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Semitic etymology :

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Number: 149
Proto-Semitic: *rigl-
Afroasiatic etymology: Afroasiatic etymology
Meaning: foot
Ugaritic: /riglu/ 'foot' [Huehner 176] (unattested alphabetically)
Hebrew: rägäl 'foot, leg' [KB 1184]; 'one who goes by foot, pedestrian' ibid. 1184
Aramaic: SML lgr, OFF rgl, lgl, ngr, PLM rgl 'foot' [HJ 1060]; SamP riggālāʔi 'foot-soldier'
Biblical Aramaic: *rǝgal or *rǝgēl (only raglayin, du.) 'Fuss' [KB deutsch 1779]
Judaic Aramaic: riglā (raglā) [Ja 1449]; ryglh 'foot, leg' [Sok 516], riglāʔ- 'foot-soldier'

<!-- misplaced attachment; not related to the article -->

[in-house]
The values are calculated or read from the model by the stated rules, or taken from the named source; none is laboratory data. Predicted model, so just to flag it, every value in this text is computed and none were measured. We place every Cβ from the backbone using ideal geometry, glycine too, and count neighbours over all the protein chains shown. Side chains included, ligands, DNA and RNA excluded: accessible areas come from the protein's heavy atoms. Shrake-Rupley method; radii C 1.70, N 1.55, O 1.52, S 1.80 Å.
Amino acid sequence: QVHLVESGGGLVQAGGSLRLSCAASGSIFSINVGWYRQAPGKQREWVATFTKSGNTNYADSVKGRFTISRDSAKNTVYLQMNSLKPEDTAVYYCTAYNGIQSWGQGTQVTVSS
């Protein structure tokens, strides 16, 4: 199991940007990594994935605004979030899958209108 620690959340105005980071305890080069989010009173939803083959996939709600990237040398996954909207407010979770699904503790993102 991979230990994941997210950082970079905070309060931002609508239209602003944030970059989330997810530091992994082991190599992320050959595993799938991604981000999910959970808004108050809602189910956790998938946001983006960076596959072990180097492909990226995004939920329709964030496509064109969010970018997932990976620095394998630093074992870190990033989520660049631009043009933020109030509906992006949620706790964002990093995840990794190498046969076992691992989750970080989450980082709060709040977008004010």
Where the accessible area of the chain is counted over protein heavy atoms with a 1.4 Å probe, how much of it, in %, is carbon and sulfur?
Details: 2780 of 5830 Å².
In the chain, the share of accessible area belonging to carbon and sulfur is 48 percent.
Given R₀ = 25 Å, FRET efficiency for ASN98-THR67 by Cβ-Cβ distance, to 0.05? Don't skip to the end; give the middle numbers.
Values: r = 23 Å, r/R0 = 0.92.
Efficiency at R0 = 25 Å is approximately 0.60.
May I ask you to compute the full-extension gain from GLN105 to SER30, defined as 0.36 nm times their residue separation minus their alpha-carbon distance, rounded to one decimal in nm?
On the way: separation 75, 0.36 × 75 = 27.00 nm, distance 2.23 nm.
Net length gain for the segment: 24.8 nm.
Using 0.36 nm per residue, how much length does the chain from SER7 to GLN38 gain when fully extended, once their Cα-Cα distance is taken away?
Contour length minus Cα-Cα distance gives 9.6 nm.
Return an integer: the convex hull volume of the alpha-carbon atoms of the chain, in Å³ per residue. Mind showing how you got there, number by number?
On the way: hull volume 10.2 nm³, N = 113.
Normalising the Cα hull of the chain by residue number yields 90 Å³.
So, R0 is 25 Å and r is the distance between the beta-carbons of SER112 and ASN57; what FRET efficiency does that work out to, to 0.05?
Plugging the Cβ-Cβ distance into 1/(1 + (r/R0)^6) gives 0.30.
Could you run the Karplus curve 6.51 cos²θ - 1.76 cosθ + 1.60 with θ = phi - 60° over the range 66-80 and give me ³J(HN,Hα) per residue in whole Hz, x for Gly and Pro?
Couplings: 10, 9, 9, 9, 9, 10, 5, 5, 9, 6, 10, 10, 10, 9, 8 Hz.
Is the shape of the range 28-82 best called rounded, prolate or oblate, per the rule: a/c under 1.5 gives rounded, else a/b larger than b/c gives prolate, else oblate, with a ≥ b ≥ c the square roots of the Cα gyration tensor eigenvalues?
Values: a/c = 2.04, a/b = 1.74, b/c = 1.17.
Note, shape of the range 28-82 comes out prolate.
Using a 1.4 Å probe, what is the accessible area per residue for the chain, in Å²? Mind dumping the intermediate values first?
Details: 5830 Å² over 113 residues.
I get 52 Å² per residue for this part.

Syrian Aramaic: reglā 'pes' [Brock 712]
Modern Aramaic: MAL reɣra 'Fuss' [Berg 75] TUR raɣlo 'foot' [R Ṭūrōyo 118] MLH *reɣlo 'Fuss' (c. suff. reɣlav 'sein Fuss') [J Mlah 188]
Arabic: riǧl- 'pied' [BK 1 831], raǯul- 'man'
Epigraphic South Arabian: SAB rgl 'foot' [SD 116], MIN rgl 'pied, jambe' [LM 77]
Notes: Note AKK rig/k/ḳlu OA translated as 'ein Ggst.' in [AHw 982] with a remark: "Gelb p. 63 f. zu wsem. ri/agl 'Fuss'?".

    ETH *ʔǝgr 'foot' usually compared to this root (so [Kaye passim]) is not related; see *ʔi(n)gir-, No. .

    Cf. JUD nigrā [Ja 902] <*ligr-, with dissimilation *l- > n- in the vicinity of -r-, and MND ligra 'foot, leg' [DM 235]; metathesis in both cases due to nearly complete incompatibility of r and l in SEM roots.

    Cf. ESA: ḤḌR rgln 'fantassin' [LM 77], with a meaning shift.

    [KB 1184]: HBR, UGR, ARM, ARB, ESA, GEZ (ʔǝgr); [Brock 712]: SYR, ARM, HBR, ARB, ESA, GEZ (ʔǝgr), AKK (riglu 'ungula'; not in [AHw])


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